The BizFilings blog covering business tips and trends.
4 Ways a Business Can Lose its Limited Liability Protection
Published on Oct 18, 2011
Learn about 4 Ways a Business Can Lose its Limited Liability Protection at 'Time to Start Up,' the small business blog by BizFilings.
Limited liability protection is one of the main benefits of forming a Limited Liability Corporation (LLC), S corporation (S corp), or a C corporation (C corp).
If you’ve done some homework, you already know that limited liability protection shields a business owner against being held personally responsible for their company’s debts and liabilities. With limited liability protection, creditors cannot pursue the personal assets (home, savings, etc.) of the business owner to pay off business debts.
But did you know there are ways your small business can lose its protection, leaving you personally liable? Here’s a list of the top four ways that can happen:
This can occur in instances where owners (members) provide a key service. For instance, if you are an electrician and you forget to cap a live wire that electrocutes someone, your LLC is not going to protect you.
Making untrue claims about a product or service is considered fraud. Claiming a toy is non-toxic, when it actually contains lead paint, is a clear case of fraud. But what about a case where the company who was selling the product was told by their manufacturer that the product was non-toxic?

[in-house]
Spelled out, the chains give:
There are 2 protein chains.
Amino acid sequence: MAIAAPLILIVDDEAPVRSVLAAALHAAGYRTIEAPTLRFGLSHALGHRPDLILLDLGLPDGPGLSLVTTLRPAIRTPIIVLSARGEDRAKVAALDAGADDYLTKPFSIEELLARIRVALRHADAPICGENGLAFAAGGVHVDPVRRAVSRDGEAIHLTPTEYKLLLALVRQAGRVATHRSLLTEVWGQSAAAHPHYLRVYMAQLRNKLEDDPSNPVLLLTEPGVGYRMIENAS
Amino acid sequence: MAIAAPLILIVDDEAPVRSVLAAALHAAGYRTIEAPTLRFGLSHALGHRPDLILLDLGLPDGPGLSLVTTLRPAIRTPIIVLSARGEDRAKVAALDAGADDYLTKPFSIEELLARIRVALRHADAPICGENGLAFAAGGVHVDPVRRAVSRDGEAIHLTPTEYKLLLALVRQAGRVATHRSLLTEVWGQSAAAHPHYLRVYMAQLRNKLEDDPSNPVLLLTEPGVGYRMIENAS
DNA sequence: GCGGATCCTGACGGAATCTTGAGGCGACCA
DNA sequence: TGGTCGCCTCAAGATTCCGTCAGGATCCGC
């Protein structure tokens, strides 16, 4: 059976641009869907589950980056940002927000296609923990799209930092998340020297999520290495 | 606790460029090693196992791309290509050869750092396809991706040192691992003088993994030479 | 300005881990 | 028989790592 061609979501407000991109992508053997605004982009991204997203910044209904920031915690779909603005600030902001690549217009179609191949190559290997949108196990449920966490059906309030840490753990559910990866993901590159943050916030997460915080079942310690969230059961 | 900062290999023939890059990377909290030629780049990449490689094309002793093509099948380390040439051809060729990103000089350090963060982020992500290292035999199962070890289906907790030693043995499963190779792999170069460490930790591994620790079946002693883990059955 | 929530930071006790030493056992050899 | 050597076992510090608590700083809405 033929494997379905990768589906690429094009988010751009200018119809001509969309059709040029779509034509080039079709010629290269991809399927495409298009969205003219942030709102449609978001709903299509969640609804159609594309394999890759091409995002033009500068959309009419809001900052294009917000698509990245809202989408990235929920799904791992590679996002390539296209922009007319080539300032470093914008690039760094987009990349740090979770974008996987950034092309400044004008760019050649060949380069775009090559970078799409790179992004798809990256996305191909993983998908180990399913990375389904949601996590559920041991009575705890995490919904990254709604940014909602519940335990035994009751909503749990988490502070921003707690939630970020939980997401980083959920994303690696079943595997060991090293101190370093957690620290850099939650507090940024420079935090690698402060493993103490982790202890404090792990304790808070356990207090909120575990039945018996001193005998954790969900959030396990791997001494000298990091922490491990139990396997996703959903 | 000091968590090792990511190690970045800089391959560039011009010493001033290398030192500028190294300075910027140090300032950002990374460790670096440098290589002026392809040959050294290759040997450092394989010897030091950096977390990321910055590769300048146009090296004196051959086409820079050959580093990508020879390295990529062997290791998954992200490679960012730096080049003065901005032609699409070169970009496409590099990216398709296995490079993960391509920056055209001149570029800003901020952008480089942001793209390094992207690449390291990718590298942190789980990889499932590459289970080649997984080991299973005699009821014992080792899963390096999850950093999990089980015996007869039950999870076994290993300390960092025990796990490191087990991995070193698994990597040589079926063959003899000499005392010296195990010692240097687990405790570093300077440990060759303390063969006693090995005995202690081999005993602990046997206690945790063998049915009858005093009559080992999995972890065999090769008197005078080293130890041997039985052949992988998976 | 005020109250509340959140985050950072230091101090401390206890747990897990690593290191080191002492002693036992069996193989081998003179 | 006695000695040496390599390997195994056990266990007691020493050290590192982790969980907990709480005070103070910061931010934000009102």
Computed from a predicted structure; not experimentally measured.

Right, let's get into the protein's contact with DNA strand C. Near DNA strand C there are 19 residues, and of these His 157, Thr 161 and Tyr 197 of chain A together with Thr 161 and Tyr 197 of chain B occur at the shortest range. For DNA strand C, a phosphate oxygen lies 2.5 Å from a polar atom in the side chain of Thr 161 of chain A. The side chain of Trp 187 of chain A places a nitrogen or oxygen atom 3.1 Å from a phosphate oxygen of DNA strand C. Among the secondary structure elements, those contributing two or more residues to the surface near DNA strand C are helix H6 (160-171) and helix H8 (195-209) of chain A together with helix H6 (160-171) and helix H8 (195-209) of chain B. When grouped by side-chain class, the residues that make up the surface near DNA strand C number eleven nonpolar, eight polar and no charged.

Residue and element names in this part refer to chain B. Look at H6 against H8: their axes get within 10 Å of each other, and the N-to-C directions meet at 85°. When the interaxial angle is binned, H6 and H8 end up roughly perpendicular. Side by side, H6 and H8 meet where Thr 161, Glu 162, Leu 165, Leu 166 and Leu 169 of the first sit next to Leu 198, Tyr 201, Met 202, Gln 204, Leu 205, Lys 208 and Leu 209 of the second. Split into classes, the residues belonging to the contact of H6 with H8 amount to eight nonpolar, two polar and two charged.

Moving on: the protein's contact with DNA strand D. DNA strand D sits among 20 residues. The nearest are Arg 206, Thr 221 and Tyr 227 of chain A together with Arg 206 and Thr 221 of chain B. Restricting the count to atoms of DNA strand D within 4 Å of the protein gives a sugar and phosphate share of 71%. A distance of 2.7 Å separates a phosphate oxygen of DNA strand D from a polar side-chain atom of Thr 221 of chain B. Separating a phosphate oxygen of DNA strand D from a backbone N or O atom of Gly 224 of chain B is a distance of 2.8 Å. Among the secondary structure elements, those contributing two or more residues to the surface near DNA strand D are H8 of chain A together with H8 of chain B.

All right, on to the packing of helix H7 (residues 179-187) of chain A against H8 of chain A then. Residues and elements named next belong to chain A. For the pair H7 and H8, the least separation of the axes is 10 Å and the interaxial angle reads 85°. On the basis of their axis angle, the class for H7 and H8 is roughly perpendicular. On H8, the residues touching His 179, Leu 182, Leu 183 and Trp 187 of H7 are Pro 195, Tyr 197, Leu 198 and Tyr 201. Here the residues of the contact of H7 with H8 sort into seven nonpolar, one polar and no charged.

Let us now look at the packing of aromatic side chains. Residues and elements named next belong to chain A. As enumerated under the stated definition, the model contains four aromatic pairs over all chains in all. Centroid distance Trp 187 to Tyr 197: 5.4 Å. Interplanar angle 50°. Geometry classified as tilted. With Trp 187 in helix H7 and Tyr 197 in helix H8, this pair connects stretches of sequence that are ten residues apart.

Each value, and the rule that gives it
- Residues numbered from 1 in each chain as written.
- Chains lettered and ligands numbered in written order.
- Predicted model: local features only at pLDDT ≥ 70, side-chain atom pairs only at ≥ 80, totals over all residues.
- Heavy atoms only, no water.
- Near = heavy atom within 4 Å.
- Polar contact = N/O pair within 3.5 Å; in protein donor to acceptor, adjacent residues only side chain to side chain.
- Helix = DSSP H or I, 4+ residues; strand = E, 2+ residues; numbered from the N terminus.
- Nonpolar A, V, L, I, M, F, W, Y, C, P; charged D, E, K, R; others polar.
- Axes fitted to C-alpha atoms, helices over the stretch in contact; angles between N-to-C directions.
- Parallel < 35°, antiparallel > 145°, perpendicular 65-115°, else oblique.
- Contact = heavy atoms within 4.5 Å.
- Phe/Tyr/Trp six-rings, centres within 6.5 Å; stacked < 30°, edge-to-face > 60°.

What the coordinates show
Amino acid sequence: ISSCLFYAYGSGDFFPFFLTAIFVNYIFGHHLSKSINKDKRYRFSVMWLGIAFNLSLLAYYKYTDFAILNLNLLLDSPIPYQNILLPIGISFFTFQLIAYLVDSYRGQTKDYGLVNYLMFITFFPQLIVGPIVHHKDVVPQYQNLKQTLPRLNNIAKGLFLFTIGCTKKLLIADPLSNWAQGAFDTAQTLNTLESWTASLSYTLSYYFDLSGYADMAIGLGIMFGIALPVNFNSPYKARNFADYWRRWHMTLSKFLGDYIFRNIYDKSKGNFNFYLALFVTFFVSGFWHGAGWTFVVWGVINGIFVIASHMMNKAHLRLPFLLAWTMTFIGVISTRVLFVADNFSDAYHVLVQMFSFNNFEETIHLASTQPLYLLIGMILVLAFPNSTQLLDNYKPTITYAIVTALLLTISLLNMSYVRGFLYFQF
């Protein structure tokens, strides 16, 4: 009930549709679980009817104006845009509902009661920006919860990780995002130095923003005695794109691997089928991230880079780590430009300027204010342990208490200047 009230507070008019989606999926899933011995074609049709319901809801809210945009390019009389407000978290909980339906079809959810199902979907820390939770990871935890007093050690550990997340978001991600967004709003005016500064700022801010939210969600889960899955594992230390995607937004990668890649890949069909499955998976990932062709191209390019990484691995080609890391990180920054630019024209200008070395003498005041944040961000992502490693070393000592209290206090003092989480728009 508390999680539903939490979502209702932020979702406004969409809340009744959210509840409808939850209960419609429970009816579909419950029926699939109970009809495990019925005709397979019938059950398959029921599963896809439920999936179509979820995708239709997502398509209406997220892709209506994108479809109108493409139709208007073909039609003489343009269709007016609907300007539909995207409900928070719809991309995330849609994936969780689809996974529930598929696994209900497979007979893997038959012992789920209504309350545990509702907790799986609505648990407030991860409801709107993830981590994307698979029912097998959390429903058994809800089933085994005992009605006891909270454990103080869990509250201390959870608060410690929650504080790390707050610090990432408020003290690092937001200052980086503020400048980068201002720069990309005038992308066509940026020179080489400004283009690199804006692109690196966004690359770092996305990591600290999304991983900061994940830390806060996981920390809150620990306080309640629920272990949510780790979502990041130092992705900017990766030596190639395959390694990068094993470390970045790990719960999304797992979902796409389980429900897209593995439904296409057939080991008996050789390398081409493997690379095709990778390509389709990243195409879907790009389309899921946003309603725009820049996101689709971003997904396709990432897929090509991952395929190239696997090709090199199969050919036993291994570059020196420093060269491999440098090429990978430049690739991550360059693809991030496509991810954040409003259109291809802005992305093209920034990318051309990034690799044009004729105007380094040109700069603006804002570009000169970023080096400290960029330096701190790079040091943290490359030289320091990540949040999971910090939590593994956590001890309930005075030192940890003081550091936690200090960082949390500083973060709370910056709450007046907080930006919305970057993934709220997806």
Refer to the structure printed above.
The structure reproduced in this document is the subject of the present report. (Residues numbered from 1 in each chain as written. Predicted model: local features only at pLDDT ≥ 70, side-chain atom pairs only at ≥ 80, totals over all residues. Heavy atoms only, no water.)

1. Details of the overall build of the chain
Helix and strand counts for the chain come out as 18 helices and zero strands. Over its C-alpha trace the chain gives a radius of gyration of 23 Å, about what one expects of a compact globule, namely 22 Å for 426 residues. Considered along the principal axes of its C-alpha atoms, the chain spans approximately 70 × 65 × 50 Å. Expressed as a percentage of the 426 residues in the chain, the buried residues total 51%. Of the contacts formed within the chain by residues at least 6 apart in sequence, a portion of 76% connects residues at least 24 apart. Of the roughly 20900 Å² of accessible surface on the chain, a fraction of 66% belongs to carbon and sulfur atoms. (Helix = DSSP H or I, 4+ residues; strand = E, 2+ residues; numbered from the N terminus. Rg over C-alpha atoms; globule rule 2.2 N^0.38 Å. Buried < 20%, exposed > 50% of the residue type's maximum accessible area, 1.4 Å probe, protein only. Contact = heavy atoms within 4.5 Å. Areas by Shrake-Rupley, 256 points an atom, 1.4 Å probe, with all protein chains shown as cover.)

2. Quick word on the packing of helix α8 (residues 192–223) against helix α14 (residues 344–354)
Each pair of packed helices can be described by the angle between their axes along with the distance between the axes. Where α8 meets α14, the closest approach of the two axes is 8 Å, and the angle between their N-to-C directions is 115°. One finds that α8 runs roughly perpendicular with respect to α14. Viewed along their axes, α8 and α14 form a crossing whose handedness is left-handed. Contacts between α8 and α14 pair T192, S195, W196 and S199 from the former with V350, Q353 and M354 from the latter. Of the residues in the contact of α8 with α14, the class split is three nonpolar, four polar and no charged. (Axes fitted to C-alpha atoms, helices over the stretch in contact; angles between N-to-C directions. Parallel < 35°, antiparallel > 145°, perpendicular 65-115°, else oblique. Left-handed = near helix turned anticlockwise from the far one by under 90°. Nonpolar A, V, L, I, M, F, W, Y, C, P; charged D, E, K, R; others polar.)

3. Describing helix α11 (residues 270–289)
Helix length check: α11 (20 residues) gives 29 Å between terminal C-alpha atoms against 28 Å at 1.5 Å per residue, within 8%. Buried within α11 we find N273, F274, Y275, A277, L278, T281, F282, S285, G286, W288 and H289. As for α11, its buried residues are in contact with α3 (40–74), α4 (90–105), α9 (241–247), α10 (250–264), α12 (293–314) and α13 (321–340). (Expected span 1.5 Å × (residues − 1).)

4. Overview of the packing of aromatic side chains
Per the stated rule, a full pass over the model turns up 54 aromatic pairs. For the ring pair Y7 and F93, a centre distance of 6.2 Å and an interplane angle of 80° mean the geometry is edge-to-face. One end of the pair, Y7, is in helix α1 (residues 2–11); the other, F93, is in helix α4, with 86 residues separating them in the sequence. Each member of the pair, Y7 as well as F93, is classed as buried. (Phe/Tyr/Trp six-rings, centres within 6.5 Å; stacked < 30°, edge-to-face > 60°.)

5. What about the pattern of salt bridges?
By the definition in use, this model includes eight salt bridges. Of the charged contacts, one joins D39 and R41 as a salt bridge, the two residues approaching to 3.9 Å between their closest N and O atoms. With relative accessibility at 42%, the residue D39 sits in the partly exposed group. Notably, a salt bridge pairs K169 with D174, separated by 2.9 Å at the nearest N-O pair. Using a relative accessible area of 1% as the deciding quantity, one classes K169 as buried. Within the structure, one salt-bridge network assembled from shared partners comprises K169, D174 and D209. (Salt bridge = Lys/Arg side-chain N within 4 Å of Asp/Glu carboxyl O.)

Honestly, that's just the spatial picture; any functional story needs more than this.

Of course, the manufacturer is guilty of fraud, but the company selling the product may also be liable. This has to do with product liability, which TheFreeDictionary.com defines as “the responsibility of a manufacturer or vendor of goods to compensate for injury caused by defective merchandise that it has provided for sale.” In addition, “when individuals are harmed by an unsafe product, they may have a cause of action against the persons who designed, manufactured, sold, or furnished that product.”
Typically, this occurs when a member (owner) co-signs on a company loan. Why would a small business owner do this — especially if he’s invested time and money in forming a corporation? Because if there’s not enough credit history, banks often require it from new or small businesses in order to grant them the business loan.
Failing to follow through with corporate formalities
Corporate formalities go beyond filing your taxes on time and paying any applicable state fees associated with your business. Depending on your business formation, it may also include having a board of directors, holding annual meetings of shareholders, maintaining sufficient capitol, and other contingencies.
So is it time to panic? Absolutely not. Simply being mindful of this list can go a long way in keeping one’s limited liability protection intact. It’s also important to remain well informed regarding your particular business type, as well as your state’s ongoing compliance requirements.